I-Team: Thousands of veterans forced to repay severance years after leaving military
NATIONWIDE (WGME) — The I-Team discovers the federal government is using an obscure law to take back severance pay from thousands of service members who put their lives on the line, and some Maine veterans say it's a slap in the face after years of service.
Service members are often given severance when the military downsizes and closes bases, but now in some cases, years later, the government is taking that money back.
"I joined in 1980; I was 30-years-old," said retired Lieutenant Commander Edgar Cormier, who served our country with pride in the United States Navy for 17 years.
When the Navy wanted to trim its ranks in the late 90s, Cormier was forced out.
"They said your services are no longer required, and we'll throw money at you to make you go away," LCDR (Retired) Cormier said,
According to military records, Cormier was released from active duty, given an honorable discharge and a "separation payment" of about $83,000; he got $60,000 after taxes.
"[I] thought this was a severance pay, just like you get from any major corporation when you're downsized," he said.
He said he used that money to start his new life outside the service.
"You lost your job, you're unemployed, you have to now move because you can't stay in base housing, you have to get your family re-established," he explained.
He later learned he'd have to pay that severance money back to the federal government.
"It's a great kept secret. No one knows about it. The people who give you the money were not told about it," Cormier said.
It took him about a decade to pay it all back with monthly deductions from his disability benefits and then military retirement: $83,000 went back to the federal government, but remember he only took home $60,000.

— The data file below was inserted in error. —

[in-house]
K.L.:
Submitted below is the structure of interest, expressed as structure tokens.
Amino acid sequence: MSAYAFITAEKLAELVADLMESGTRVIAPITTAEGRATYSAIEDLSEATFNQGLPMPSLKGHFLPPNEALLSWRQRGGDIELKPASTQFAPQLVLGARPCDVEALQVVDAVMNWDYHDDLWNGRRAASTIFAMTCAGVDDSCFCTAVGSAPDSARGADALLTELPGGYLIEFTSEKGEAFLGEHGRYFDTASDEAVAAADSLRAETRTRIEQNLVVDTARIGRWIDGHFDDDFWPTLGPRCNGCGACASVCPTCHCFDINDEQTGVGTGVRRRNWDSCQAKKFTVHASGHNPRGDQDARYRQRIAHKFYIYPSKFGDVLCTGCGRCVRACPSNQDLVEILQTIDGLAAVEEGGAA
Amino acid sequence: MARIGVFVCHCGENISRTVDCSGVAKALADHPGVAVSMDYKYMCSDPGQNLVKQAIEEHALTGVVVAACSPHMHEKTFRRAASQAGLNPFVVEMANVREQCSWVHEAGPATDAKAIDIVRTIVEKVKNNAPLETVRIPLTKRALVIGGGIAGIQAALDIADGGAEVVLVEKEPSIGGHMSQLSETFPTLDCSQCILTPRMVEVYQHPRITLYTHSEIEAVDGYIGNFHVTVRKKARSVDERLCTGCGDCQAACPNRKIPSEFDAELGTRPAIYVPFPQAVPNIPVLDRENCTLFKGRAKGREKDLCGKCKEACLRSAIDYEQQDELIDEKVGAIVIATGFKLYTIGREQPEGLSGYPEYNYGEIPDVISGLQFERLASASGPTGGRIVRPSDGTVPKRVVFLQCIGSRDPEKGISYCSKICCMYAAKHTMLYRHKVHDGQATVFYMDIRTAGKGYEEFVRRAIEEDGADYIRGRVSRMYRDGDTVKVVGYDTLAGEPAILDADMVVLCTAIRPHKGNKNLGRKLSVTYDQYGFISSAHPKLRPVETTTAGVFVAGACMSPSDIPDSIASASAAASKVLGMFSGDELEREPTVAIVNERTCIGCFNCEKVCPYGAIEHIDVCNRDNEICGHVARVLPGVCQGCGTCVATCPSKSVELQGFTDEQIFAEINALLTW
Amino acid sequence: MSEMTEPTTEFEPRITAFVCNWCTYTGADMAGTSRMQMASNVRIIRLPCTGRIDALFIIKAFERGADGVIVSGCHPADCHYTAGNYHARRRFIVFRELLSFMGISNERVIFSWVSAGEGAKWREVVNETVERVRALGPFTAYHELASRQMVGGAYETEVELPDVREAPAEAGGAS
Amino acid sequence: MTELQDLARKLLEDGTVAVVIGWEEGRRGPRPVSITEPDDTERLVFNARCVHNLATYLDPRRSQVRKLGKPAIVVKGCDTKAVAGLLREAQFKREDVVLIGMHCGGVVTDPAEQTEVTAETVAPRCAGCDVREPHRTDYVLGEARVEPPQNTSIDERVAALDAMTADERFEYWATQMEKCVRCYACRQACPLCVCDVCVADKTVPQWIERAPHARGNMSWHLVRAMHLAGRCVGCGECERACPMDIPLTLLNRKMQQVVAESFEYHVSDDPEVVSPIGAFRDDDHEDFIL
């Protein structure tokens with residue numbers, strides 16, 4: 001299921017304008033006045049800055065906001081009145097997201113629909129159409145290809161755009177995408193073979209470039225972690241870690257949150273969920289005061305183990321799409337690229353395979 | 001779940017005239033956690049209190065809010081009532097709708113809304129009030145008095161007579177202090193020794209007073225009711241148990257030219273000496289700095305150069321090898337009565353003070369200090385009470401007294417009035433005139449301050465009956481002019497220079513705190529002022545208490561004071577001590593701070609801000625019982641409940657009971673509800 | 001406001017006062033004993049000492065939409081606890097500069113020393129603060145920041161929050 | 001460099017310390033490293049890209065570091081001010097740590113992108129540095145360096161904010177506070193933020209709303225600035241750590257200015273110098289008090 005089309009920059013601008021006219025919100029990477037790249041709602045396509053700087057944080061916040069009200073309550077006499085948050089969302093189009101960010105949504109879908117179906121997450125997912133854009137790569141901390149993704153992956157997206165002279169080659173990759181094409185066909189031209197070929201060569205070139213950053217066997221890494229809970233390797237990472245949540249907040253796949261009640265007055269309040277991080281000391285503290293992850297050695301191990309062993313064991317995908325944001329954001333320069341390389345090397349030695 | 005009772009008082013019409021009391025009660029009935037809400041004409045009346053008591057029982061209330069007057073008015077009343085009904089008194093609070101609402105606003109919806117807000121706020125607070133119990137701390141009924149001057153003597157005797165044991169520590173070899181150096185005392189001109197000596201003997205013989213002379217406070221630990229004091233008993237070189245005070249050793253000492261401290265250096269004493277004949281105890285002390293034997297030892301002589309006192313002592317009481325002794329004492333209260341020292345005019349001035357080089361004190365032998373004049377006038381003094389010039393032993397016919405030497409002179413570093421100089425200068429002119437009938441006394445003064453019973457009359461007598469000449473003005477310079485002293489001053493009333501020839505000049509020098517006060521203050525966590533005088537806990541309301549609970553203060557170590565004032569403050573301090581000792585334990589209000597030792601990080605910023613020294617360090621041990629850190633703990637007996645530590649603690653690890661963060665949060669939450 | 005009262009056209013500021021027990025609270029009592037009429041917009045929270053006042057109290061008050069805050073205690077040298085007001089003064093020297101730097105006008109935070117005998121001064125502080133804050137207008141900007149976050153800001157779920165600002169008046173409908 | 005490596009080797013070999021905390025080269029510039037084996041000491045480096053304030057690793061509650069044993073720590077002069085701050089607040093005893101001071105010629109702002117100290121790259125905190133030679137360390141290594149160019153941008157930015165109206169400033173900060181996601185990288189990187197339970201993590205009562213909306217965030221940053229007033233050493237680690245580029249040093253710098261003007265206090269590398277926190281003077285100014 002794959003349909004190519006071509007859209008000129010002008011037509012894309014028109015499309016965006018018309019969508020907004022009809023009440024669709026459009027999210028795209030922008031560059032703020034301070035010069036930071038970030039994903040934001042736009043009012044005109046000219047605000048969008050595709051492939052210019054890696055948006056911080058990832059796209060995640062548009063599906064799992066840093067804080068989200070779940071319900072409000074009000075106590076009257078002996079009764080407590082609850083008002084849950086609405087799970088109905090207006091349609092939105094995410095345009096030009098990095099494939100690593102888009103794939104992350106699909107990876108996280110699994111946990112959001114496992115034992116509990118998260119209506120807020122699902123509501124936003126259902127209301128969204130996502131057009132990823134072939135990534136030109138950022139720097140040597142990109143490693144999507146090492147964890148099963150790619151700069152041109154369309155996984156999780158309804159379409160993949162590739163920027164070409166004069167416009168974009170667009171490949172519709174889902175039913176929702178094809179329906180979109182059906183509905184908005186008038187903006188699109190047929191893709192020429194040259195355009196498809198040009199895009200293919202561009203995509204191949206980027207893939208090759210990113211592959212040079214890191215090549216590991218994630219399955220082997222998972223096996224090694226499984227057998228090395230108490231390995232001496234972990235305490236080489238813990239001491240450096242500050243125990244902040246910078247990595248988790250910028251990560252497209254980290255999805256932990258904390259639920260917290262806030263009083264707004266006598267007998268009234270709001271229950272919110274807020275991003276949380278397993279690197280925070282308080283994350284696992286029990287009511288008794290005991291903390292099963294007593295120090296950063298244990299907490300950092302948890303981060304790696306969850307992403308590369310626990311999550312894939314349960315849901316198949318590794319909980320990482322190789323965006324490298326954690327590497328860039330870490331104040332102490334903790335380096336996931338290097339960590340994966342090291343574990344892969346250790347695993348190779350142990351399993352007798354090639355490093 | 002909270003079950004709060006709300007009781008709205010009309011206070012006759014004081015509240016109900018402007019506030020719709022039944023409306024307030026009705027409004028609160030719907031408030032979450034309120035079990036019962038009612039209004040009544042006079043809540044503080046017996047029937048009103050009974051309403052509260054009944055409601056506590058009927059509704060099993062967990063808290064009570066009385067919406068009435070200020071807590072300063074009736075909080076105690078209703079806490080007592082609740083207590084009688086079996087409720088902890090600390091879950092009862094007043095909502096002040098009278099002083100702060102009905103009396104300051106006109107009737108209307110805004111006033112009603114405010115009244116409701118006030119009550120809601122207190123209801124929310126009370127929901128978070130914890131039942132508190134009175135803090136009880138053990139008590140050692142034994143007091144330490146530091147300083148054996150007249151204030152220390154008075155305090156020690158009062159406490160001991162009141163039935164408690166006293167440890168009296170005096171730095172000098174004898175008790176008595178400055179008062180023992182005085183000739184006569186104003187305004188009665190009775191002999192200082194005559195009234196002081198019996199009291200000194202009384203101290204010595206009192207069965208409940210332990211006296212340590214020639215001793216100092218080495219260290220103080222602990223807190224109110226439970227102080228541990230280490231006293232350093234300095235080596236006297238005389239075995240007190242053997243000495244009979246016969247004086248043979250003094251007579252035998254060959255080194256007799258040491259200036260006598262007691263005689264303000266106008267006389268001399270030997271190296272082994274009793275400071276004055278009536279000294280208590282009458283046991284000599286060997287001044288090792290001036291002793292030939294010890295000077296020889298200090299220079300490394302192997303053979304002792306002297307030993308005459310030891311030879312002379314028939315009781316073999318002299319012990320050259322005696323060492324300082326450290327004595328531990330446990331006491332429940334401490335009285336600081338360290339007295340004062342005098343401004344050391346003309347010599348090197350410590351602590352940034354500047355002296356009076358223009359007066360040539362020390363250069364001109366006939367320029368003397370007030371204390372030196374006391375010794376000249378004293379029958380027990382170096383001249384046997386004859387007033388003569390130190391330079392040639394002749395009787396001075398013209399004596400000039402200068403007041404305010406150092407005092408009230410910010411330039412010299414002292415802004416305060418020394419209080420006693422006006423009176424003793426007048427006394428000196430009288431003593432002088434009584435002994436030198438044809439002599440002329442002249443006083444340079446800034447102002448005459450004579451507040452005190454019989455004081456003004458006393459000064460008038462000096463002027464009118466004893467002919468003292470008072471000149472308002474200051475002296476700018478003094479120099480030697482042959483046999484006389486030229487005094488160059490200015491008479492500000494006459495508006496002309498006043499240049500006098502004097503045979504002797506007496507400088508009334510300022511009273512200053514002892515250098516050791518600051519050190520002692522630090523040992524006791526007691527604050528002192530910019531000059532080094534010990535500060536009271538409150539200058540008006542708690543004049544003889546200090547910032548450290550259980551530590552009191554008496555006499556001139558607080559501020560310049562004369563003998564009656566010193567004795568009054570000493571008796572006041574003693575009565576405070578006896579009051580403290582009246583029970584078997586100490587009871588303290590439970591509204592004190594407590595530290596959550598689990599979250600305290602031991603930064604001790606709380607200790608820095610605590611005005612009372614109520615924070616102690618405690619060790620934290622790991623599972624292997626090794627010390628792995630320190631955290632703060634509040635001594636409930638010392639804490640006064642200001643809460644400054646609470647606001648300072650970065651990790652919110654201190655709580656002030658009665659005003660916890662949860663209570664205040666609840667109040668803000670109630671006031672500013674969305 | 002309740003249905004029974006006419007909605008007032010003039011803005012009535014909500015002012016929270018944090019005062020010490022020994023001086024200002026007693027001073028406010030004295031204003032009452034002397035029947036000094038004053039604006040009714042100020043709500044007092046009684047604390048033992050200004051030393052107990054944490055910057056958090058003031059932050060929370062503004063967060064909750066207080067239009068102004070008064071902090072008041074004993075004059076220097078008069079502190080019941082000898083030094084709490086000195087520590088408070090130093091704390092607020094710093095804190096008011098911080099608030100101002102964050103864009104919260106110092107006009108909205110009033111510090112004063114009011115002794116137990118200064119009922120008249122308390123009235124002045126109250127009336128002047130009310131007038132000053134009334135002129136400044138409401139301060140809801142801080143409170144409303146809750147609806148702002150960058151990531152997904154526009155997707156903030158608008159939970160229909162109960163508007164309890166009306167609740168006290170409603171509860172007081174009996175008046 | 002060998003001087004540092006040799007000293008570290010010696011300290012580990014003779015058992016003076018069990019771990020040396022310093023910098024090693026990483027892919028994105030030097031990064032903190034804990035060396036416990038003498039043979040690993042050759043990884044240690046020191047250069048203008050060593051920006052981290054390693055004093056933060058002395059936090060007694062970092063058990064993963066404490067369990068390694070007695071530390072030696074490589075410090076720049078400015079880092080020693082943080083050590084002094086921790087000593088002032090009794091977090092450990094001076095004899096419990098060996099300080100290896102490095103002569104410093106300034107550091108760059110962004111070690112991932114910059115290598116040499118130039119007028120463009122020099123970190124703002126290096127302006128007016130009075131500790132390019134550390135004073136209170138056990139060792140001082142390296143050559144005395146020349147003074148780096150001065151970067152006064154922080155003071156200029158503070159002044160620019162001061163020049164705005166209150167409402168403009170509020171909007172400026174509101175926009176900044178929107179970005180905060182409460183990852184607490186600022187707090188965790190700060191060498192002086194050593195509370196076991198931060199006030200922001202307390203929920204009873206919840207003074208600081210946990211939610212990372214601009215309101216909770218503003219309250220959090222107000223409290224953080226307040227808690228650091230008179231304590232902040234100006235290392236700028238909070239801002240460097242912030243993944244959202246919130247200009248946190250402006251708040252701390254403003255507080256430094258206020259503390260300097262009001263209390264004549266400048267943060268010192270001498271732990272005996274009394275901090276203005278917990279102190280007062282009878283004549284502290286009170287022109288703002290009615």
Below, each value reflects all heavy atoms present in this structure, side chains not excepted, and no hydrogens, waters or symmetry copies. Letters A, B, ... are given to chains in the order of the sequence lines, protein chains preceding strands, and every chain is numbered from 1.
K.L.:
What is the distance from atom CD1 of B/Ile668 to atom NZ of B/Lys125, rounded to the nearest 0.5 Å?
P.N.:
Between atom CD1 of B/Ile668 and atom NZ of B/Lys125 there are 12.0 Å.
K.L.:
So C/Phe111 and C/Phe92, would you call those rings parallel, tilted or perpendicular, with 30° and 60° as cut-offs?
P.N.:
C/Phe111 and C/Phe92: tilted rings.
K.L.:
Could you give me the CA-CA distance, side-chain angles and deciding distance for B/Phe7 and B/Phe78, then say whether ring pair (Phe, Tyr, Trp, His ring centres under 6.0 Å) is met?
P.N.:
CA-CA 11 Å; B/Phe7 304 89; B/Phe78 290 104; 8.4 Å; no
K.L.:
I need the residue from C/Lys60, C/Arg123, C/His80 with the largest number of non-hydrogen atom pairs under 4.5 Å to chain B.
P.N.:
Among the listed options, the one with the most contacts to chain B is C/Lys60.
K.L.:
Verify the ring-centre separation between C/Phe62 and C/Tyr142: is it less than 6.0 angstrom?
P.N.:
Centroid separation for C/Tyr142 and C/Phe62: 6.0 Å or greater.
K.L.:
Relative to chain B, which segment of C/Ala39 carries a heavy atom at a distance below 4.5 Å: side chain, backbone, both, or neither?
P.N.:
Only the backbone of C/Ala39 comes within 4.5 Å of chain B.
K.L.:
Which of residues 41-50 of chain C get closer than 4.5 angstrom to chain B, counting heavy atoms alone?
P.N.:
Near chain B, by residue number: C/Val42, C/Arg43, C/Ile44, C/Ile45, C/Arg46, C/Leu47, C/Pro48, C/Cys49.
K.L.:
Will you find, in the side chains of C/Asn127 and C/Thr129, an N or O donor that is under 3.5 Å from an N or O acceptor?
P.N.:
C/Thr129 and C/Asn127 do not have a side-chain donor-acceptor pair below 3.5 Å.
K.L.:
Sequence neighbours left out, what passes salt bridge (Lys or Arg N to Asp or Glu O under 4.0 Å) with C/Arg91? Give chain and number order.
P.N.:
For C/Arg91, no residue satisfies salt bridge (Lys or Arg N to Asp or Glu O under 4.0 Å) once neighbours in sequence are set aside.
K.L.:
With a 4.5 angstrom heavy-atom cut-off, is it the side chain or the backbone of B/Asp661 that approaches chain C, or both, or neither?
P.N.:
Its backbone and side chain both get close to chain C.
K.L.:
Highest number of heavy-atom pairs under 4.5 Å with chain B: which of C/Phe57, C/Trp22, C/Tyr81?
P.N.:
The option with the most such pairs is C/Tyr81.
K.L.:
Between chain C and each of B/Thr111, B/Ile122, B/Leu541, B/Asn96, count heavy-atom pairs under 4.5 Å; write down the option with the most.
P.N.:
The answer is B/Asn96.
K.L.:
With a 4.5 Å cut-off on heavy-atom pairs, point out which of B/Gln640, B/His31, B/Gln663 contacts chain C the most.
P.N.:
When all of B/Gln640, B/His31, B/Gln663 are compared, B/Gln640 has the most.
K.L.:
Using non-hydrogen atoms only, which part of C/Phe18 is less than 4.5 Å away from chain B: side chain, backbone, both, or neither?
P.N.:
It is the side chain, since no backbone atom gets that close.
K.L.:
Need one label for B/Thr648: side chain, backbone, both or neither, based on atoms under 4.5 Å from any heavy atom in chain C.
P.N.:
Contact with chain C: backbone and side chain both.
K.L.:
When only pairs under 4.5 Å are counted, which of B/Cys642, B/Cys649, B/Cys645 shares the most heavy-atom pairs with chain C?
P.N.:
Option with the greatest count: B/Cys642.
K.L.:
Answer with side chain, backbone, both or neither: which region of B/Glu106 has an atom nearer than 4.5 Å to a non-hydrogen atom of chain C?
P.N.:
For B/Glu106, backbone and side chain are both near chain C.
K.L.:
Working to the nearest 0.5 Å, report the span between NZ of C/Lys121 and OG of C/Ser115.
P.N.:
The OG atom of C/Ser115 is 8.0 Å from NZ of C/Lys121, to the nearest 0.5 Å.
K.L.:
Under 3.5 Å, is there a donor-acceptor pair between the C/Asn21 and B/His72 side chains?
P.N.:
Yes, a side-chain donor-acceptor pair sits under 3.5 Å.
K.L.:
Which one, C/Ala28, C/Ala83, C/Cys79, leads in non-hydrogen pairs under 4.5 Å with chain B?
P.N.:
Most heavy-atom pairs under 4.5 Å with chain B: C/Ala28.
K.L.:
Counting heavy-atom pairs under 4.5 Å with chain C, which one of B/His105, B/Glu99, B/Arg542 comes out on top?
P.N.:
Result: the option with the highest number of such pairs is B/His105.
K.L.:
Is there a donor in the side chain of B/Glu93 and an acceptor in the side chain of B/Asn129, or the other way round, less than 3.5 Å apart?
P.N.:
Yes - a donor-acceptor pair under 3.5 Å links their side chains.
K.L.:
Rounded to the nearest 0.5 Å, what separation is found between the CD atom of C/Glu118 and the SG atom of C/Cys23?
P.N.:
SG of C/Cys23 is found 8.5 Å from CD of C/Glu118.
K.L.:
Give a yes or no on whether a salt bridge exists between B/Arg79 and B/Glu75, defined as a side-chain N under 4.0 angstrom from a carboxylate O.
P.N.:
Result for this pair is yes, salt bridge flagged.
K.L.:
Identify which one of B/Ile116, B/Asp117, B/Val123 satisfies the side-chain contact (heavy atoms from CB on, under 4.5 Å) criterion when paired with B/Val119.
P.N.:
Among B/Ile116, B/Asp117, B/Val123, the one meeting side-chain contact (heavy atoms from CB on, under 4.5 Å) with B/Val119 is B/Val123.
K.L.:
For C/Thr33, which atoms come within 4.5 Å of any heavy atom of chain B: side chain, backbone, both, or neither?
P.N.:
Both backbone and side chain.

"That $83,000 bonus now costs me $106,000 because I can't get my $23,000 back that was taken out by the IRS," he said.
The CBS 13 I-Team checked with the Department of Veterans Affairs and the Department of Defense.
Both told us Congress requires them to collect the money and pointed us to federal law, which in fact does require service members to repay severance if they later become eligible for disability or retirement.
"The point is it's wrong. It's wrong to give it, take it, and then take it again, " said Adria Horn, Director of the Bureau
Adria Horn is the director of the Bureau of Maine Veterans' Services.
Horn said this bureaucratic curve ball is often thrown at veterans when they need the money the most, blocking benefits to disabled veterans.
"They will suffer with this type of law in place because they think they're the only one," Horn said.
We asked the VA to tell us how many veterans were given separation money and are now paying it back.
According to a report we were sent, during the last five years, the VA withheld more than $400 million in disability benefits from nearly 25,000 veterans.
Another $261 million will be taken from future compensation.
The Department of Defense couldn't tell us how many people are making payments out of their military retirement.
"Whether there's one person, or 50 people, or a thousand people, if it's wrong, it's wrong it can be addressed and it can be changed," Horn said.
That would have to happen in Congress so we brought the issue to our Maine's United States senators.
"I am very concerned about it. To me it is not fair to recoup that," Sen. Susan Collins (R-Maine) said and told us she'd take a closer look at the issue.
"But that is my first reaction," she said.
Senator Angus King told us he wasn't aware of the issue.
"These people have earned our respect and the support they're due," Sen. King said (I-Maine).
Sen. King said he wants answers, too — specifically if service members are made aware that accepting separation pay could affect any future benefits.
"I wonder if anybody would think that it would apply to disability payments which to me are a separate item, but obviously we've got to get to the bottom of it," King said.
LCDR (Retired) Cormier is concerned this issue will only get bigger as more troops are asked to leave the service.
"It's causing all kinds of family hardships because the DoD is saying we want it back and we want it back now," Cormier said.
A VA spokesman said veterans who can show financial hardship may be eligible for a more lenient re-payment plan.
More than 50,000 people have signed a petition, including more than 200 Maine veterans, asking Congress to repeal the law that requires pay back, before getting disability benefits.